7 Steps to Start Your First Content-Marketing Campaign
By now, you've heard about all the amazing benefits of content marketing. You know that with the right strategy, you can earn more traffic, build a better reputation and see compound growth in both areas over time without greatly increasing your budget.
In fact, content marketing is truly one of the most cost-efficient marketing strategies around, but its rewards are proportional to the quality of your strategy and execution. That's why more experienced writers and marketing agencies charge more, and why long-running strategies perform better.
So, what if you have no xperience with content marketing at all? It would seem that someone totally unfamiliar with this strategy stands no chance of success at all. But, at the same time, everyone has to start somewhere, right?
The truth is, you can enter the content-marketing game with no experience. You might not live up to your full potential right off the bat, but if you follow the approach described below, you'll be publishing with the best of them in no time. Here's how:
1. Get a briefer.
Your first job is to get a briefer on what content marketing involves. Yes, as you're reading this, you probably have a grasp of the basic concept, but you need to dig deeper into the details. Familiarize yourself with the beginning, middle and end of a piece of content's life, how you're going to measure your results and your ROI and the process you'll use to build your empire.
Also, get a high-level perspective on the strategy before you start mastering those details -- you'll be glad you did. If you need help getting started, I presented a webinar about a year ago on this subject, which will teach you the basics of content marketing and how those basics relate to search engines.
2. Research your competitors.
Next, before you start typing, take a moment to research some of your competitors. Look at businesses like yours, and see what they're doing in terms of content marketing. What types of articles seem to be the most popular? How often are they publishing? Whom are they targeting?
Even if your businesses are nearly identical, don't be tempted to copy others' strategy, exactly. Instead, learn from them, and take inspiration to form your own.
3. Draw up an editorial calendar.
Once you've spent some time brainstorming and reviewing the competition, it's time to make an editorial calendar. Don't worry about this being perfect -- you can always make adjustments later on. If you're concerned about formatting, use an online template to help guide your ideas.
Start breaking your content down into different categories, and sketch out titles for potential pieces (including what type of content each piece would be, such as an article, infographic or video). Set publication dates.
4. Set goals and keep them.
With an editorial calendar in place, you can start setting goals for your publication -- and determine what results you want to see. For example, how often do you want to publish? How many impressions do you hope to achieve with your first publication efforts, and how fast and high do you want them to grow? Where do you expect to be in six months? In a year?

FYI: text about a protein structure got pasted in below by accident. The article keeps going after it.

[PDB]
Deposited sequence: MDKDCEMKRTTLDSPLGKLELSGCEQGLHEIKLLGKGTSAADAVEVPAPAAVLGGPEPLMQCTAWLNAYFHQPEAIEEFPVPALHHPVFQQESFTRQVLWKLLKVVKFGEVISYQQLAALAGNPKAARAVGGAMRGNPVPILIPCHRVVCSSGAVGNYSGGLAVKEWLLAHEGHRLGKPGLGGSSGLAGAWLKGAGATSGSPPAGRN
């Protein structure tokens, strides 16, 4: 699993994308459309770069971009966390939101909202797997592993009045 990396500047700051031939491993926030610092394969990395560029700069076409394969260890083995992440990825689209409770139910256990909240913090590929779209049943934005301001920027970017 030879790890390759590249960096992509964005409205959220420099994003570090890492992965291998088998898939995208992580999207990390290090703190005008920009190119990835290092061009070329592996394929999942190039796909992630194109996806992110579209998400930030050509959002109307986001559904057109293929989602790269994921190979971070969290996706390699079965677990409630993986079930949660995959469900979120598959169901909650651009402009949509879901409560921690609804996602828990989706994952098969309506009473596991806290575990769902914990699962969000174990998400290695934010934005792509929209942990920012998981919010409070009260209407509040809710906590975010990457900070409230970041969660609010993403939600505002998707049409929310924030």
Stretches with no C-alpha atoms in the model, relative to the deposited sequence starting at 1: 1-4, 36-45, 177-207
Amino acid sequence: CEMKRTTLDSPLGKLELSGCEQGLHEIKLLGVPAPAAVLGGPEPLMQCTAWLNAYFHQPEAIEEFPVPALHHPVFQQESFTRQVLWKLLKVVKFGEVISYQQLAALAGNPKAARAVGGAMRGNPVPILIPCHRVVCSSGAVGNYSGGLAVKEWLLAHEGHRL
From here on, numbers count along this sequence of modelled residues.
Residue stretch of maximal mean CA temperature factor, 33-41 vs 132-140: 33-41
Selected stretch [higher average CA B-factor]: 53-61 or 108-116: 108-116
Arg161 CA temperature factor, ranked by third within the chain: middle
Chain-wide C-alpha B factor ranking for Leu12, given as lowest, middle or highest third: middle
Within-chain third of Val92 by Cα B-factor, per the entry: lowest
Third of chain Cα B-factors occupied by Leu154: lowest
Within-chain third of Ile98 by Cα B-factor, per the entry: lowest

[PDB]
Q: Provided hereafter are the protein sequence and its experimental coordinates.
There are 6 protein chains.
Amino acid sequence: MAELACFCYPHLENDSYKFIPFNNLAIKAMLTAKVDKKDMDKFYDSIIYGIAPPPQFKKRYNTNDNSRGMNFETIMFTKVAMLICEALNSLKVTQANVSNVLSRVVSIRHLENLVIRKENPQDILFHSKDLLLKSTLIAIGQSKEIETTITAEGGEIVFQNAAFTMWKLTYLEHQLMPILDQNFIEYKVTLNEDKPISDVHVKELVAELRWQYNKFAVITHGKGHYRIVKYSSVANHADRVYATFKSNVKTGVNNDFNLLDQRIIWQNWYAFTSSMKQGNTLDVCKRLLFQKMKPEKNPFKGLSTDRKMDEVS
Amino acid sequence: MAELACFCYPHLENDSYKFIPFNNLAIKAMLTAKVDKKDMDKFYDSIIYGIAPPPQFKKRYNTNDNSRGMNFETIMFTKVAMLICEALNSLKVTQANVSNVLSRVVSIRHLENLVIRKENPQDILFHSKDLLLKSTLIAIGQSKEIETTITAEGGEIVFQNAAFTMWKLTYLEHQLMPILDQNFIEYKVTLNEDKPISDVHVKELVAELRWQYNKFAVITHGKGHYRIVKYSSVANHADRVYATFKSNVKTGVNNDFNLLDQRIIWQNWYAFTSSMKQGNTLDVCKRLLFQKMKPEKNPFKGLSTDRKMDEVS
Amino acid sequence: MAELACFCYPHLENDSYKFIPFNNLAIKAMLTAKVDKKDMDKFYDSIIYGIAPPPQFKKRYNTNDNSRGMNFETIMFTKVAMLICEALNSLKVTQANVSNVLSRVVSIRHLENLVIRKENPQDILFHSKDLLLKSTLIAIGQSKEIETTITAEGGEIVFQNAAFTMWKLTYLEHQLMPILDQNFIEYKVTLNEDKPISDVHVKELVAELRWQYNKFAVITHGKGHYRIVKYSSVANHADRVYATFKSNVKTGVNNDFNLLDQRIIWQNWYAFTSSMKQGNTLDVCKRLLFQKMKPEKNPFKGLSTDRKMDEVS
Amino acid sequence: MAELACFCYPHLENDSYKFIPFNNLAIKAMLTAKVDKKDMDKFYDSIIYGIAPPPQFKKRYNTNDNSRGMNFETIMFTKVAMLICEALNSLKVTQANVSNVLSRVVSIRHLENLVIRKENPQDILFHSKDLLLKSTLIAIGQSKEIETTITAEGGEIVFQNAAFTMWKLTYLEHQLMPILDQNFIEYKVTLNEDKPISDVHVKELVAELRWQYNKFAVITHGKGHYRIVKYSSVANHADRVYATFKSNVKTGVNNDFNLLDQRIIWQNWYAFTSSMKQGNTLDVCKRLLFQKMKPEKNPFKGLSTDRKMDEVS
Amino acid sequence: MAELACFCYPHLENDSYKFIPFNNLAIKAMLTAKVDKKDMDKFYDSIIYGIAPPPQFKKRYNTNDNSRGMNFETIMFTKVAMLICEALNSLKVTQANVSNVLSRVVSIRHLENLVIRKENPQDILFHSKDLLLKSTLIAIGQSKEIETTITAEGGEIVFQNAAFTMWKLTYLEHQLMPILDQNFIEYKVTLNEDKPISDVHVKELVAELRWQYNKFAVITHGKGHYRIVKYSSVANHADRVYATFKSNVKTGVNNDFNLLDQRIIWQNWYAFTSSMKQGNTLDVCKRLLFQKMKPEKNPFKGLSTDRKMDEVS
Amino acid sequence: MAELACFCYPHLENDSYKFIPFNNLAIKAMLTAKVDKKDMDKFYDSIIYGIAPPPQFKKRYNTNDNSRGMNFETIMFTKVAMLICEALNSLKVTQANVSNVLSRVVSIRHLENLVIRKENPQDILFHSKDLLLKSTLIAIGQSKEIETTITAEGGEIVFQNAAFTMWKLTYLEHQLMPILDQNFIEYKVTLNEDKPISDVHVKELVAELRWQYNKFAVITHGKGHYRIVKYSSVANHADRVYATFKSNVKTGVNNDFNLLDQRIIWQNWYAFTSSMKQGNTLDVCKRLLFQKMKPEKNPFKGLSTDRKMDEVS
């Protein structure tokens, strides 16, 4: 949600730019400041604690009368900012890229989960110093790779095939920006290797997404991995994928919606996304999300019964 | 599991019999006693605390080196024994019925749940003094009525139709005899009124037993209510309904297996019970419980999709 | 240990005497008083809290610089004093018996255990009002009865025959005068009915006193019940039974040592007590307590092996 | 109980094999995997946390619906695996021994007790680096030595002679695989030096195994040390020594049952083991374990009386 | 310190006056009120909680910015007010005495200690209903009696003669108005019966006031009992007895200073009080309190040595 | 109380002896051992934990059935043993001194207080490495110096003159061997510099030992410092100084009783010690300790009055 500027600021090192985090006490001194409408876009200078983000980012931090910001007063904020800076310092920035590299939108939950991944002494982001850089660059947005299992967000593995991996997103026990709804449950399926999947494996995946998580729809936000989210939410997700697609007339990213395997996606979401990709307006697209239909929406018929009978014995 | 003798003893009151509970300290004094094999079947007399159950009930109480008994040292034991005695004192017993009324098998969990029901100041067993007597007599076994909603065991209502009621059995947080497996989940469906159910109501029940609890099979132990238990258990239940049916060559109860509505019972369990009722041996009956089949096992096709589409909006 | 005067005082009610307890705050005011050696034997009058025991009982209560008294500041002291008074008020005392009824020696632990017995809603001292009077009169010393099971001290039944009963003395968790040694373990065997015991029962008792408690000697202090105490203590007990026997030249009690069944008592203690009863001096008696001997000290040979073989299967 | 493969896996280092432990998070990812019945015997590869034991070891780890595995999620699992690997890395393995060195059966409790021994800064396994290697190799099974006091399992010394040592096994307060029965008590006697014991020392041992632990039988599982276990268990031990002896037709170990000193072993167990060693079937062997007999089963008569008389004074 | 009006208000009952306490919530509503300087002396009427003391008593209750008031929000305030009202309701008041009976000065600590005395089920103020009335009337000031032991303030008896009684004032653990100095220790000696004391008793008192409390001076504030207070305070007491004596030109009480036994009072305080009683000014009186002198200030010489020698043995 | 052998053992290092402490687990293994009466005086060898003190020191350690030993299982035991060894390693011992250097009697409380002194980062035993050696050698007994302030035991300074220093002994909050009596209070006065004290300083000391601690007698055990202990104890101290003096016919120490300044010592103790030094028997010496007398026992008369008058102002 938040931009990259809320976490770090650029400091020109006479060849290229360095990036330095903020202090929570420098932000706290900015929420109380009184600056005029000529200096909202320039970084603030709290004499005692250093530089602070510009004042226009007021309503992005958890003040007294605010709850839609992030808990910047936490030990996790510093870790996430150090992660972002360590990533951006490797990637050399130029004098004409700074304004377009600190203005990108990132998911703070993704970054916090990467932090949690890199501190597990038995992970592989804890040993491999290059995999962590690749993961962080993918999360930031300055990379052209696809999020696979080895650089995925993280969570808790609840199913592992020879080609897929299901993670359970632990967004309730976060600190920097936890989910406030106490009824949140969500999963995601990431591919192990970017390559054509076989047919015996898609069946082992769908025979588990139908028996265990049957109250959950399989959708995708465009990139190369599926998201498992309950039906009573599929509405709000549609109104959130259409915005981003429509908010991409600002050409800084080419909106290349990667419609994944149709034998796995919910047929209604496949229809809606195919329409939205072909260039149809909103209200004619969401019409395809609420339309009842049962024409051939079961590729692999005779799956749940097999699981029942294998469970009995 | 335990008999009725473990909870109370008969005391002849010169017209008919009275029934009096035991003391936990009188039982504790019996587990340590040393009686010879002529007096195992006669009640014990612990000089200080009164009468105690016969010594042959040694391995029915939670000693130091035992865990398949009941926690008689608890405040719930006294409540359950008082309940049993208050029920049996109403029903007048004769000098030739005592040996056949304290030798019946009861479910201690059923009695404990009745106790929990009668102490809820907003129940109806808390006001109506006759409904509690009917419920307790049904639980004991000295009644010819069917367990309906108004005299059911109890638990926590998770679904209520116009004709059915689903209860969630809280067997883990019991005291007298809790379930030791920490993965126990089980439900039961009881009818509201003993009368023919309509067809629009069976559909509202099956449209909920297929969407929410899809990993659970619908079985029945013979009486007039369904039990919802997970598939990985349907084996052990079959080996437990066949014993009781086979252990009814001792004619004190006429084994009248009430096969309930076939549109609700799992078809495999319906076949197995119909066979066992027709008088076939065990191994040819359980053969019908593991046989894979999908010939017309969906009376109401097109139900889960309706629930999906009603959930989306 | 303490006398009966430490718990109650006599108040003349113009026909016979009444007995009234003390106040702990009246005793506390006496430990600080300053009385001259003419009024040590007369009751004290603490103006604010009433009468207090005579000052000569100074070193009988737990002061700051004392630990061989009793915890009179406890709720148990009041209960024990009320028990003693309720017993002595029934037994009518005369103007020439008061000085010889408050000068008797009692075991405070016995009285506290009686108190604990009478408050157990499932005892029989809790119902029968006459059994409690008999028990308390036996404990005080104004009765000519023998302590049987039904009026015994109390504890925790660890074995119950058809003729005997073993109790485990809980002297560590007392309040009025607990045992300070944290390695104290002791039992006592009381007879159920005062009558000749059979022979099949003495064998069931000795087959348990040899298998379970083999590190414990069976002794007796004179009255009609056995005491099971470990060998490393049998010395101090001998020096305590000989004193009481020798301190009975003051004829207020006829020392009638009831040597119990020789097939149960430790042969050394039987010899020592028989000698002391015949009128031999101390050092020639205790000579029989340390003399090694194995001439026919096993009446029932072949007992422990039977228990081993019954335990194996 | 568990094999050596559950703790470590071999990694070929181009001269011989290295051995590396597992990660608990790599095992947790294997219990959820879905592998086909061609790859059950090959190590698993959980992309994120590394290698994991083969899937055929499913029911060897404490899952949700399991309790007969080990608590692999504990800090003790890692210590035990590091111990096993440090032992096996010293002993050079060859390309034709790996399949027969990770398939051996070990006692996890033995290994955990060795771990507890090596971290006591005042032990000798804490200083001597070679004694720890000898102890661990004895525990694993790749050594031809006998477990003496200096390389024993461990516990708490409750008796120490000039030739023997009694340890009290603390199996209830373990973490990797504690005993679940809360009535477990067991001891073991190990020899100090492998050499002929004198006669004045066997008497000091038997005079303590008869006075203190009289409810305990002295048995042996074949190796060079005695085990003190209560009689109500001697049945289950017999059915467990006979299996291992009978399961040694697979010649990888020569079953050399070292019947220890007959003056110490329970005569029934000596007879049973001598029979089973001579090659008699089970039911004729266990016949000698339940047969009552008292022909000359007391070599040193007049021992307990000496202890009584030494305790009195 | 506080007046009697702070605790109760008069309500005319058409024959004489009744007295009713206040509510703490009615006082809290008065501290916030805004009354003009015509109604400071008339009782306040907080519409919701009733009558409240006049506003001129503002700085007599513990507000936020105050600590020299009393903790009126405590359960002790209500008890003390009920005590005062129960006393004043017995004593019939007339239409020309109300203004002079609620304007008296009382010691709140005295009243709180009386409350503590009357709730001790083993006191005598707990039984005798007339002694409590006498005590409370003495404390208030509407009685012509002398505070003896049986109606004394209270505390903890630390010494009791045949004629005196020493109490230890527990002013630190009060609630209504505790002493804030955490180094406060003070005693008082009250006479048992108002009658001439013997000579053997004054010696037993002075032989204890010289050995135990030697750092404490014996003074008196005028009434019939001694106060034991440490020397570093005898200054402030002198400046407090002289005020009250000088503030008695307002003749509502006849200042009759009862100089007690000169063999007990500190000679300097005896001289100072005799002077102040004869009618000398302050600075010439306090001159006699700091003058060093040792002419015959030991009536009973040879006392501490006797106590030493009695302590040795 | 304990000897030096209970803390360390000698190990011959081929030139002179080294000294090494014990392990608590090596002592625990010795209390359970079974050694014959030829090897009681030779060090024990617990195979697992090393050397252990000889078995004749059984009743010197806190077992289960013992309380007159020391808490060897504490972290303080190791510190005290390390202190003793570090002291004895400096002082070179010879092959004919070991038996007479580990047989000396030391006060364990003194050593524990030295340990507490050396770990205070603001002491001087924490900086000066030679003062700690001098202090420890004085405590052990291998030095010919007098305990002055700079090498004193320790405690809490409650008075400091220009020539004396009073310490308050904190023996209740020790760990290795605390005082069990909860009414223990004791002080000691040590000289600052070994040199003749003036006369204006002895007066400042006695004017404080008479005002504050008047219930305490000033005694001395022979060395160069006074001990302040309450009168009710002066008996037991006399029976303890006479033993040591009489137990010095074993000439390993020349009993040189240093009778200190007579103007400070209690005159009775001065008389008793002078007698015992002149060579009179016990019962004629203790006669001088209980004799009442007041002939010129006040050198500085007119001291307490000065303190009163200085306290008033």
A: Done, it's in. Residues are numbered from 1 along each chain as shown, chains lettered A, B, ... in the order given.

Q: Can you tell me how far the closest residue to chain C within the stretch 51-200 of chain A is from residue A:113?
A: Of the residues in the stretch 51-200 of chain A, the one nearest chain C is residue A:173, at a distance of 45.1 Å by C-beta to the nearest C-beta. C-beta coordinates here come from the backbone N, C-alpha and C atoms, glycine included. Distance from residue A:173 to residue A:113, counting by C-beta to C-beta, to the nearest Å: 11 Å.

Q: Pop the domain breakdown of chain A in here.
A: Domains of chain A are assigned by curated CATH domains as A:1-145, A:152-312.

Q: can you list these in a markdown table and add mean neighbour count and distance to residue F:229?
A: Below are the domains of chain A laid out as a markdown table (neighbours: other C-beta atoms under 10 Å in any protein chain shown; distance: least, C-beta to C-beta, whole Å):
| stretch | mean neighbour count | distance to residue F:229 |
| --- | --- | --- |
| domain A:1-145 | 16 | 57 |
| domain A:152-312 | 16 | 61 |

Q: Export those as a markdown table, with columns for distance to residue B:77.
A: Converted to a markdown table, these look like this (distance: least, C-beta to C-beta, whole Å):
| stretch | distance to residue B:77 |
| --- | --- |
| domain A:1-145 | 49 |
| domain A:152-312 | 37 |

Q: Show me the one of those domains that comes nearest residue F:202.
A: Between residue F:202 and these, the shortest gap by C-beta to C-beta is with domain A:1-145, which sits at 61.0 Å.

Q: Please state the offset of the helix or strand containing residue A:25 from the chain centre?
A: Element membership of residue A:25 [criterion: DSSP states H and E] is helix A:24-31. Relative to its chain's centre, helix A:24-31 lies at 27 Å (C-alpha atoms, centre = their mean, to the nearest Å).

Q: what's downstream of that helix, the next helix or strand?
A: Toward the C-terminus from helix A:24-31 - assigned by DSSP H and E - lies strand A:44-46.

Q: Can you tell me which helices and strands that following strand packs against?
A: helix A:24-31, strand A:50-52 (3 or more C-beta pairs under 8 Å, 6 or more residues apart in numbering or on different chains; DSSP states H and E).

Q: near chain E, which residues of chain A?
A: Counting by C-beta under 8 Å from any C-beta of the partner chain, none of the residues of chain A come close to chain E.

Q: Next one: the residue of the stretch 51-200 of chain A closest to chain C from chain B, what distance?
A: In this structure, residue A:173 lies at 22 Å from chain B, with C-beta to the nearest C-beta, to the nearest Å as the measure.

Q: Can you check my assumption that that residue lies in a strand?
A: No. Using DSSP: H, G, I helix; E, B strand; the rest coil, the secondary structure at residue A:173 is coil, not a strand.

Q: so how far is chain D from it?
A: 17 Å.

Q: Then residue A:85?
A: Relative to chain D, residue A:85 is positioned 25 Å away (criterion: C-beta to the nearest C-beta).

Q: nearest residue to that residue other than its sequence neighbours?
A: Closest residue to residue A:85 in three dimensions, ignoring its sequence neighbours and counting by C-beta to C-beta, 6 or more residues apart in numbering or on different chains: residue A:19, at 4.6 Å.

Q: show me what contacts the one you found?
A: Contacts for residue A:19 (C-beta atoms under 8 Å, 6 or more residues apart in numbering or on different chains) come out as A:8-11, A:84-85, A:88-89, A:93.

Finally, how do you want to improve yourself as a marketer? Again, these goals need not be perfect; and you can adjust them later, but you need to set a vision for yourself.
5. Treat your first posts as experiments.
Now it's time to do the work. Your first couple of posts will likely be challenging, but don't let that stop you from completing them. If you need some title ideas to get started, check out 101 Title Ideas For Your Next Blog Post.
Take some time after the draft is complete to revise and edit your work, following the best practices you learned when you briefed yourself; then put them into practice. Treat these articles as an experiment, watching carefully to see how people react to your work and taking notes about what you could do better.
You'll also want to be careful that you aren't letting confirmation bias dictate your impressions of your results. Remain neutral, and don't be surprised if some of your original ideas don't work the way you thought they would.
6. Publish, syndicate and follow up.
By this point, you'll have mastered the basics and can begin harnessing the true power of content marketing. Take what you've learned and keep publishing new posts that appeal to your target demographics, measuring the performance of each one carefully.
After publishing, promote and syndicate those posts to your social media channels (both as a brand and as an individual), and follow up by engaging anyone who chooses to comment or share your material. Though the process may seem intimidating at first, you'll get the swing of it in a matter of weeks.
7. Never stop improving.
Your final task is the most important, and it's the one you can never cross off your list. The reason experienced content marketers do better than inexperienced ones is because they've had more time to learn new things. If you commit to constantly learning and improving, you'll make better content and see better results -- with no upper limit to your potential.
This is also important because the trends and norms of content marketing change frequently, so keep reading the news every day, experimenting with new techniques and striving to improve your abilities in general.